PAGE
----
A team of doctors, led by head cardiologist Fareed Ali, have successfully done the Caribbean’s first-ever removal of a complex implantable cardioverter-defibrillator (ICD), otherwise known as a pacemaker.
In a release on Friday, the North Central Regional Health authority (NCHRA) said the high-risk procedure was done by a multidisciplinary team of doctors at the Eric Williams Medical Sciences Complex (EWMSC), Mt Hope.
It said the team also included doctors specialised in chest, vessel, and general surgery, along with radiologists and anaesthesiologists.
In the statement, NCRHA CEO Davlin Thomas said the moment is historic for the region.
“This is a testimony of our commitment to excellence and our resolute dedication to ensuring that we provide our citizens with the highest quality standard of healthcare that matches the best worldwide.”
The statement explained that a ICD is a battery-powered device implanted under the skin to regulate the heartbeat in patients with abnormal heart rhythms. When it detects abnormal heartbeats, it shocks to the heart so that it return to its normal rhythm.
In the statement, Medical Chief of Staff of the EWMSC Dr Joanne Paul said there are only five specialists able to implant these devices, two of whom are based at the EWMSC.
“As difficult as it may be to insert, the procedure to remove this device poses an even greater challenge. So much so, that it has never been done in the Caribbean.”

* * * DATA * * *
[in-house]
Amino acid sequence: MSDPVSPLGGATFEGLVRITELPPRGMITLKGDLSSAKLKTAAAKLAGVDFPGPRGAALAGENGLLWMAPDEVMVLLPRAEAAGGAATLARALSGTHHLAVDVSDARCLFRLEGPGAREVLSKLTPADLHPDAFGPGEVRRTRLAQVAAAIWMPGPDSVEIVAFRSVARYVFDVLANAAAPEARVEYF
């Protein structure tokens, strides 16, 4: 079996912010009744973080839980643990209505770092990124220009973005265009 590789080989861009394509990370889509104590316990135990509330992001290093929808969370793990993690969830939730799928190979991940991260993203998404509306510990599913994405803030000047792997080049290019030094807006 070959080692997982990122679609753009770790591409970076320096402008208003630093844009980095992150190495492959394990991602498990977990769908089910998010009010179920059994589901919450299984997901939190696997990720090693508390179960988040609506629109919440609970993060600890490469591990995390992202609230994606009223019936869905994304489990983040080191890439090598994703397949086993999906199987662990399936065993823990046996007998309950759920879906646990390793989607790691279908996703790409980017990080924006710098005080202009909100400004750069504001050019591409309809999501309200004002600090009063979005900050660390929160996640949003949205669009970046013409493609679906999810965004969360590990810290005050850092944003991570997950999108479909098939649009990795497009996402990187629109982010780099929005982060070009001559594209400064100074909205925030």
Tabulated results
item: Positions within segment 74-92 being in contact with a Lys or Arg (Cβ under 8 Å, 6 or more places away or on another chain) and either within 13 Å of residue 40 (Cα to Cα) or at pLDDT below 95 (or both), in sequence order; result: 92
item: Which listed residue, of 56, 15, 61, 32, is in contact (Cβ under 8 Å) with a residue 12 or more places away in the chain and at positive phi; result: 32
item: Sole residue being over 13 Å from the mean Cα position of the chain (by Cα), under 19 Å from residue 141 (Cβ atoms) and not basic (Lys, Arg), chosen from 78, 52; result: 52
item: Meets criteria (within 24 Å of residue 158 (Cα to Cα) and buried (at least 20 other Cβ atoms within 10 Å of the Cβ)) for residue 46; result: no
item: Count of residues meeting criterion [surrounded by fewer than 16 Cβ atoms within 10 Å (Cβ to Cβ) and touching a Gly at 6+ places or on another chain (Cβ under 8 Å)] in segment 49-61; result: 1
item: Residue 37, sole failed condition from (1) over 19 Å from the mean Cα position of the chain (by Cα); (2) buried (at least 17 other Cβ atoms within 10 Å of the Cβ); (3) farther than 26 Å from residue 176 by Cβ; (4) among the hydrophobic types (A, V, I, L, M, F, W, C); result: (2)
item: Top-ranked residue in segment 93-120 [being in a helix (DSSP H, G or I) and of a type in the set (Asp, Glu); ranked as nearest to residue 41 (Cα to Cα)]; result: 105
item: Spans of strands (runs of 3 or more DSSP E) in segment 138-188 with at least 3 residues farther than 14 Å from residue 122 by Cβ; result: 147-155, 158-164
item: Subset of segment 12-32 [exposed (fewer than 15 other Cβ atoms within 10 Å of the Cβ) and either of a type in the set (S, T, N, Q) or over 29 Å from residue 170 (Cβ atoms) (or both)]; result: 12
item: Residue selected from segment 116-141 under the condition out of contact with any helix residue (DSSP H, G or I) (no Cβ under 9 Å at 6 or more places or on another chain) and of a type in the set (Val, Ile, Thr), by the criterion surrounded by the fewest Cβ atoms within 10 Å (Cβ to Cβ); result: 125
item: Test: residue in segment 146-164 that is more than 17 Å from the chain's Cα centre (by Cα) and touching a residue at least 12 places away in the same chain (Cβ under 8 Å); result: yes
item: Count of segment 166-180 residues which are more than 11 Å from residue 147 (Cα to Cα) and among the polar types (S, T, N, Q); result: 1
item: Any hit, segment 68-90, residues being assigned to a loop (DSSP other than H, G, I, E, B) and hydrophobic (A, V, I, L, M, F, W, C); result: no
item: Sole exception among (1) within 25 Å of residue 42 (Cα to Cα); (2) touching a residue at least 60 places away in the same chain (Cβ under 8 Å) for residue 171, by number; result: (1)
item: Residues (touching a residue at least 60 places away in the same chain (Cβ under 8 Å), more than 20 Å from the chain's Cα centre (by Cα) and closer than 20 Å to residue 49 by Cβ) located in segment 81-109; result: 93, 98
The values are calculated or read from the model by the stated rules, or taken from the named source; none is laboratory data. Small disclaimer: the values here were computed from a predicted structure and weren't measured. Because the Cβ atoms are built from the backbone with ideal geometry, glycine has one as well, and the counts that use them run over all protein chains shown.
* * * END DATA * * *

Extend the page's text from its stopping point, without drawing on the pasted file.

In a phone interview with Newsday on Friday, Paul said the device is embedded in the heart and to remove it takes an entire team. She said in other countries, such as the US, there are special sensors for the removal, and the technique is so specialised, not every hospital in the US does the procedure.
Though there are special centres that do it all the time, she said in the past, patients from Trinidad and Tobago had to travel abroad to have pacemakers removed, but that will no longer be necessary.
Just as the US has specialised centres, she said, the NCRHA is trying to expand its capacity to become the centre for cardiac procedures in the country.
She said Ali has the equipment, the skill, and the team to perform the procedure, and is already scheduled to perform another soon.
In the future, after covid19 restrictions are limited, she said, it can consider making TT the medical tourism destination for the procedure in the region.
“It’s not all about TT, it’s about the Caribbean. It would be unethical of us to save it for us alone.
“Dr Ali is also a nice guy,” Paul joked. She said for him, perfecting this type of procedure, which will benefit many people, is his life’s purpose.